Justice Antonin Scalia Said to Have Died of ‘Natural Causes’

WASHINGTON (AP) -
Supreme Court Justice Antonin Scalia participating in the Washington Ideas Forum at the Newseum in Washington, on Oct. 6, 2011. (AP Photo/Manuel Balce Ceneta)
Supreme Court Justice Antonin Scalia participating in the Washington Ideas Forum at the Newseum in Washington, on Oct. 6, 2011. (AP Photo/Manuel Balce Ceneta)

Supreme Court Justice Antonin Scalia died of natural causes and no autopsy was necessary, a judge has told The Associated Press.

Presidio County Judge Cinderela Guevara told The Associated Press on Sunday she consulted with Scalia’s personal physician and sheriff’s investigators, who said there were no signs of foul play, before concluding that he had died of natural causes. He was found dead in his room at a West Texas resort ranch Saturday morning. Guevara says the declaration was made around 1:52 p.m. Saturday.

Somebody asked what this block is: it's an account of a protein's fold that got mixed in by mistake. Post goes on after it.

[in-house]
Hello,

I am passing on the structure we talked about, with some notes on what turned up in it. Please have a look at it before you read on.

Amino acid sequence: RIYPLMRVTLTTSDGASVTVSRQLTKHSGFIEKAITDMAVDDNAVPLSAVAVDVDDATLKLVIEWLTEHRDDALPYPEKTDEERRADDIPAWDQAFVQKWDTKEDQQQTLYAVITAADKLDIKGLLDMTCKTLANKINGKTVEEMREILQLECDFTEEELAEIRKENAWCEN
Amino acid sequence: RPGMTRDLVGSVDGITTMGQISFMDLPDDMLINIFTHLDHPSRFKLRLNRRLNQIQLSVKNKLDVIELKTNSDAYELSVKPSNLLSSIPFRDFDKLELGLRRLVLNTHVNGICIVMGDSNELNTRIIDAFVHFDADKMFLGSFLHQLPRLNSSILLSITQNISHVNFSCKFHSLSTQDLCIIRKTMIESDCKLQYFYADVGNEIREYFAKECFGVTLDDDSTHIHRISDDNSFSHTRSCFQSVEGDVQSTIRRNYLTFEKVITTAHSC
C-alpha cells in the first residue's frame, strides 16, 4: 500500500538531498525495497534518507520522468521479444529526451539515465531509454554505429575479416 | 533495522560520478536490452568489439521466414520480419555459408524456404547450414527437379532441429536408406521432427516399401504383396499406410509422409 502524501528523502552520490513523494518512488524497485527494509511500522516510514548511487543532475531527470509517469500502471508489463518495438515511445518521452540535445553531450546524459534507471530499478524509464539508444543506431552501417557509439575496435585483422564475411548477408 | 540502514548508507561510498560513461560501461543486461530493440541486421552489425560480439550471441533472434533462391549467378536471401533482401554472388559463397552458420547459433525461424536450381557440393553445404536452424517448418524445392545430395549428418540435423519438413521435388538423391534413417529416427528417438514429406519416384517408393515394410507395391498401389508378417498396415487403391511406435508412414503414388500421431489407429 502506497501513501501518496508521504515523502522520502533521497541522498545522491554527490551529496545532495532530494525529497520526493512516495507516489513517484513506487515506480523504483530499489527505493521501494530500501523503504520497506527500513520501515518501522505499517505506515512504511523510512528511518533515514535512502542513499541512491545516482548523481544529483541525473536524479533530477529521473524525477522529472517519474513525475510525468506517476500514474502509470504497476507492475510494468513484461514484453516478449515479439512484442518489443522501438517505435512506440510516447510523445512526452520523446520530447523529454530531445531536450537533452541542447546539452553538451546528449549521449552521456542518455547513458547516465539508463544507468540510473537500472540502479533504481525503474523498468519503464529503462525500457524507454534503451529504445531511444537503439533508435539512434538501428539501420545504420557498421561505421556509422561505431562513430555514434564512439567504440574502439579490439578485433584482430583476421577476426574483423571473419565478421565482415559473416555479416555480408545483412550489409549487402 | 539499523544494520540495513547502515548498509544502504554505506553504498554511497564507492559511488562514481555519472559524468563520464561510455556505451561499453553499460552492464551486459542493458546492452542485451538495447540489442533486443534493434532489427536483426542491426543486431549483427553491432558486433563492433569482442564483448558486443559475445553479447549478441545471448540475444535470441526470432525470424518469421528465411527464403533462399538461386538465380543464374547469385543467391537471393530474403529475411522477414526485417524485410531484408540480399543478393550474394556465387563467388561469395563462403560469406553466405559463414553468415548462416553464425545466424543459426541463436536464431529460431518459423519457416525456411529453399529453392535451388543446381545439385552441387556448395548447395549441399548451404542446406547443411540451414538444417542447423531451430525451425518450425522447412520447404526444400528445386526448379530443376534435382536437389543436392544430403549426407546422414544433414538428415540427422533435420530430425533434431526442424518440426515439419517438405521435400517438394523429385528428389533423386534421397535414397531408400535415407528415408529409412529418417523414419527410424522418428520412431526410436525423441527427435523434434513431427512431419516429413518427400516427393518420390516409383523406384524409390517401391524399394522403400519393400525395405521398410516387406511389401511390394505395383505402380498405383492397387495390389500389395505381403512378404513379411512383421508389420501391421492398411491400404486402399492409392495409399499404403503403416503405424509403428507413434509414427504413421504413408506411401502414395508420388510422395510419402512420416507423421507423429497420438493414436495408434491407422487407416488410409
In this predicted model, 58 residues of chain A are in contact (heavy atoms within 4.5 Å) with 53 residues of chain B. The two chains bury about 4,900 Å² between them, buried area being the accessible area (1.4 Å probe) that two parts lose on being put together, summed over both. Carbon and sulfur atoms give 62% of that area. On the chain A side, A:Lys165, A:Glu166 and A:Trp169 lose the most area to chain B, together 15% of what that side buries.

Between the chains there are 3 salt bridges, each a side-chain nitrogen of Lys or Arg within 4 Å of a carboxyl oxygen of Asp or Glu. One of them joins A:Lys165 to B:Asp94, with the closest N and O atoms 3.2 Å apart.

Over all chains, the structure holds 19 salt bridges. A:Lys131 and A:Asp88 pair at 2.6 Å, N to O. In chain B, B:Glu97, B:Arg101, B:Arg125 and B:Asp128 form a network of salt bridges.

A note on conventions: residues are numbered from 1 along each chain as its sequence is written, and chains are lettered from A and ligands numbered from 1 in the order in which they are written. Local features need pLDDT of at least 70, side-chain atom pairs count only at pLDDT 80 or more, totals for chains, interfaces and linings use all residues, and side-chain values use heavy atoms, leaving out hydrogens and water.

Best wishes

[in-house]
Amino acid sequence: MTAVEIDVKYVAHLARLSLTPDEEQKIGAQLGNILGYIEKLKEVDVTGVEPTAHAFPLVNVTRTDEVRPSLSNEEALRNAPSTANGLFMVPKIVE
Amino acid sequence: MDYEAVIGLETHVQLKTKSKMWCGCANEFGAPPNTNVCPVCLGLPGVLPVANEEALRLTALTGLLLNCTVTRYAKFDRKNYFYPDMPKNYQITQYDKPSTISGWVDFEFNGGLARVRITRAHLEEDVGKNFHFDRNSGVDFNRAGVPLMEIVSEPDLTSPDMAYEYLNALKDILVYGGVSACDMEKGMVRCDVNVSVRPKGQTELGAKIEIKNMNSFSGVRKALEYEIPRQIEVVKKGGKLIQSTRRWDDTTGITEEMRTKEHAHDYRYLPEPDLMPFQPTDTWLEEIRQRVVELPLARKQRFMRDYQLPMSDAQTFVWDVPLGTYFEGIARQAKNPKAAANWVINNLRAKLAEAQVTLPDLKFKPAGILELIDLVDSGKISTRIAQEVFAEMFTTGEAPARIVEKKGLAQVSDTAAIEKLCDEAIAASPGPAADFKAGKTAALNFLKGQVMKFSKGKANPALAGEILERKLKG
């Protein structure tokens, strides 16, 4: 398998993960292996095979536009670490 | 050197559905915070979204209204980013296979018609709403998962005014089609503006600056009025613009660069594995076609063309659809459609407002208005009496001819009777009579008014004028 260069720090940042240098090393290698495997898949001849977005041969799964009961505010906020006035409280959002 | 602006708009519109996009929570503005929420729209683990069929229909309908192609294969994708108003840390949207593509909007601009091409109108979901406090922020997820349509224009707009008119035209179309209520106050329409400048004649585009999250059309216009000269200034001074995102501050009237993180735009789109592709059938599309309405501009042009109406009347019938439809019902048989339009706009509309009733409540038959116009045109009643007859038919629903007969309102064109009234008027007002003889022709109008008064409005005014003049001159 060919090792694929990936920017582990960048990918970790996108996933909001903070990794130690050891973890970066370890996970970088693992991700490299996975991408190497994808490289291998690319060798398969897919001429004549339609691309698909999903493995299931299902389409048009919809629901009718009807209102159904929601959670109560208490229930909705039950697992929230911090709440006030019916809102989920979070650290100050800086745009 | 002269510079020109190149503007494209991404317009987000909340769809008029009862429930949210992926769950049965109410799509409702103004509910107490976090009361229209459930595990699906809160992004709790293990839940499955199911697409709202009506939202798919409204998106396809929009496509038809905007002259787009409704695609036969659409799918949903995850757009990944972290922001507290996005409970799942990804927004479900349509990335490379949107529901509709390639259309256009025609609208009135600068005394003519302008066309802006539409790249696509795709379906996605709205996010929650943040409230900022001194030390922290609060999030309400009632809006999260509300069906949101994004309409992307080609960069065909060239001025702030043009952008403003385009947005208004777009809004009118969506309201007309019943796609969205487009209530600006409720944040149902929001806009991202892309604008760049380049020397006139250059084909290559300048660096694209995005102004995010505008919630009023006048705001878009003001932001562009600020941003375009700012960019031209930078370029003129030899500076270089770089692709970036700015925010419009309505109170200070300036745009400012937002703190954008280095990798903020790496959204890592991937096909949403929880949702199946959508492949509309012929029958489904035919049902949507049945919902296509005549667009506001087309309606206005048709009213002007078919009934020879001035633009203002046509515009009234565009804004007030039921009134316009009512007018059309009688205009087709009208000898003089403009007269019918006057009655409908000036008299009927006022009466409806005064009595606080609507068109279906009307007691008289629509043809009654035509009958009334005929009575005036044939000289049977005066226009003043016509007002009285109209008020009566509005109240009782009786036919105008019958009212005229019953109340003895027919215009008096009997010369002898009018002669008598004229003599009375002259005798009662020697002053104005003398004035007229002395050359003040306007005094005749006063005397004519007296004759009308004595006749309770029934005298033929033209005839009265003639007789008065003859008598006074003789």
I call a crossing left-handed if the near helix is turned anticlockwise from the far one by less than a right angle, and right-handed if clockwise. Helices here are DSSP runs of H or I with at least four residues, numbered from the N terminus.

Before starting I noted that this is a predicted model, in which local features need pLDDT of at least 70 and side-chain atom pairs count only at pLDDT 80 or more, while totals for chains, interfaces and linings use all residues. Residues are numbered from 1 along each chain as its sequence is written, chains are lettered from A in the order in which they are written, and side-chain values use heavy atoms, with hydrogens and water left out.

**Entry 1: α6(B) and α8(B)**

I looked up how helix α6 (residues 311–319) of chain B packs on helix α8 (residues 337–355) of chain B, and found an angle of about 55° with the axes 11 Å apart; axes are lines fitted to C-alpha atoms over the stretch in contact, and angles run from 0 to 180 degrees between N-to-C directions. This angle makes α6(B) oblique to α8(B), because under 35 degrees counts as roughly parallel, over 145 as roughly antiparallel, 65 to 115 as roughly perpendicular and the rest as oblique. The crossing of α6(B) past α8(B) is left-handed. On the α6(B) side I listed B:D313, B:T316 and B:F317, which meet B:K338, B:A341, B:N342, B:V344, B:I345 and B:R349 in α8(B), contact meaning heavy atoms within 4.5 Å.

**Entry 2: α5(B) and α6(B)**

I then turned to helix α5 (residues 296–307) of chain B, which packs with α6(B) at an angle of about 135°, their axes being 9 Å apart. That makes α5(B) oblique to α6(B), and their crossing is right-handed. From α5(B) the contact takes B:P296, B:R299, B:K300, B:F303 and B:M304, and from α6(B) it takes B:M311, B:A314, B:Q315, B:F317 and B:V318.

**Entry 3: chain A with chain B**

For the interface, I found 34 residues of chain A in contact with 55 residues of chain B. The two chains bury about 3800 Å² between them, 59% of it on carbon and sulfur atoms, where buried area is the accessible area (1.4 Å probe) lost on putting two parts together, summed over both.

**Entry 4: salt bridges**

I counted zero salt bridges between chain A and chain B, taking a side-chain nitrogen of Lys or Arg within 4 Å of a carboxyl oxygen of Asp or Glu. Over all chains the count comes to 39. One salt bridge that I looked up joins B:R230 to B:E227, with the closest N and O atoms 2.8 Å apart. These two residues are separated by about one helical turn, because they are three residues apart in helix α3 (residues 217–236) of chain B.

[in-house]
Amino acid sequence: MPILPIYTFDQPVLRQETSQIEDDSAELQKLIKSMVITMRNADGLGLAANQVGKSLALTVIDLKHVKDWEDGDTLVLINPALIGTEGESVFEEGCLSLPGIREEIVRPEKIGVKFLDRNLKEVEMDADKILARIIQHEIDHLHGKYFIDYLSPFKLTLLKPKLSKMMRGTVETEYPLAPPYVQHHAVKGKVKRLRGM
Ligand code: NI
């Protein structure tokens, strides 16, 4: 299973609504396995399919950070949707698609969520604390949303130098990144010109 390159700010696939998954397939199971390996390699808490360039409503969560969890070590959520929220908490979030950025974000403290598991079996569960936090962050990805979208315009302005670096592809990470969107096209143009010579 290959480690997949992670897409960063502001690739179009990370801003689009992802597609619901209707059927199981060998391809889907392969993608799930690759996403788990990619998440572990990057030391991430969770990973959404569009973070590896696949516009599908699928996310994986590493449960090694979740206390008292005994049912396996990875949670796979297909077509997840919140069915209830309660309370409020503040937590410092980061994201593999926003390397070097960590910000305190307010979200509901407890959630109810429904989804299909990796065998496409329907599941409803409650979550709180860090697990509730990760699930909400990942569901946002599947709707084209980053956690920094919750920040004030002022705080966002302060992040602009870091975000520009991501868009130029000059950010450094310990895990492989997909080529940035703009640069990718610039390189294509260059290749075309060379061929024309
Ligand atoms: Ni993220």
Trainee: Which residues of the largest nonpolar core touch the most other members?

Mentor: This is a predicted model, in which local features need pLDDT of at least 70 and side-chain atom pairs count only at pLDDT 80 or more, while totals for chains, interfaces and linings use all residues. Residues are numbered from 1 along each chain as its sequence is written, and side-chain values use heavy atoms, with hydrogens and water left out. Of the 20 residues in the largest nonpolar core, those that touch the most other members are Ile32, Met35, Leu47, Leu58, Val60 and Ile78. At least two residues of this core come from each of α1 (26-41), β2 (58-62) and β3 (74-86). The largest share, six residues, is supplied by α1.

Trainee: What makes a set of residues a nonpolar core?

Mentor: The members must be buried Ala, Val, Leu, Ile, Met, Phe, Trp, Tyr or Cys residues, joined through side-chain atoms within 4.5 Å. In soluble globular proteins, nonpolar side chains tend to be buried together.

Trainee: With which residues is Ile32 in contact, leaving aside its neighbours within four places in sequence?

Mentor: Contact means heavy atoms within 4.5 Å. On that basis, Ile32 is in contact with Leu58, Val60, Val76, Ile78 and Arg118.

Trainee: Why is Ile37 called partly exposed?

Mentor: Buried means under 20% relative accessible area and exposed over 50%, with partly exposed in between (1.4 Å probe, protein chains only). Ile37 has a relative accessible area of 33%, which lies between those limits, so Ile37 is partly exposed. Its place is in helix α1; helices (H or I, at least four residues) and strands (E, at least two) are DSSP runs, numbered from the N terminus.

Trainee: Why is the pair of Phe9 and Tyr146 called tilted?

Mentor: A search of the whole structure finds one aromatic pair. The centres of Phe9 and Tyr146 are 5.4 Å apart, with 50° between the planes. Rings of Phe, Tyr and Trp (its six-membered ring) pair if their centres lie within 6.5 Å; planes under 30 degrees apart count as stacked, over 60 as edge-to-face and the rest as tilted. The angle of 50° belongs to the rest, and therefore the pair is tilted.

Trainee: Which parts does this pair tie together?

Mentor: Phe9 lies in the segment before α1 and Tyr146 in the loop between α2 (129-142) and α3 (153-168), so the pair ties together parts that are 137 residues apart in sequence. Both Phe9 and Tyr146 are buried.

Chris Lujan, a manager for Sunset Funeral Homes in Texas, said the 79-year-old jurist’s body was taken from the El Paso facility late Sunday afternoon and was to be flown to Virginia, although he had no details. Scalia’s family didn’t think a private autopsy was necessary and requested that his remains be returned to Washington as soon as possible, Lujan said.

Scalia’s weekend death was as much of a shock to those at the ranch as it was to the rest of the nation

The owner of Cibolo Creek Ranch near Marfa, where Scalia died, said the justice seemed his usual self at dinner the night before he was found “in complete repose” in his room.

John Poindexter told reporters Scalia was part of a group of about 35 weekend guests. He arrived Friday around noon.

The group had dinner Friday night and Scalia was his “usual, personable self,” Poindexter said. Scalia retired around 9 p.m., saying he wanted a long night’s sleep, according to Poindexter.

A procession that included about 20 law enforcement officers arrived in the early hours Sunday at the funeral home more than three hours from the ranch, Lujan said.

Kristina Mills, a history teacher at nearby Chapin High School, came to the funeral home to pay her respects and bring flowers.

“Recognizing his contribution to serving our country just compelled me to come,” she said. “I wanted to do yellow roses because for him dying in Texas. I didn’t want his family to have bad memories of Texas.”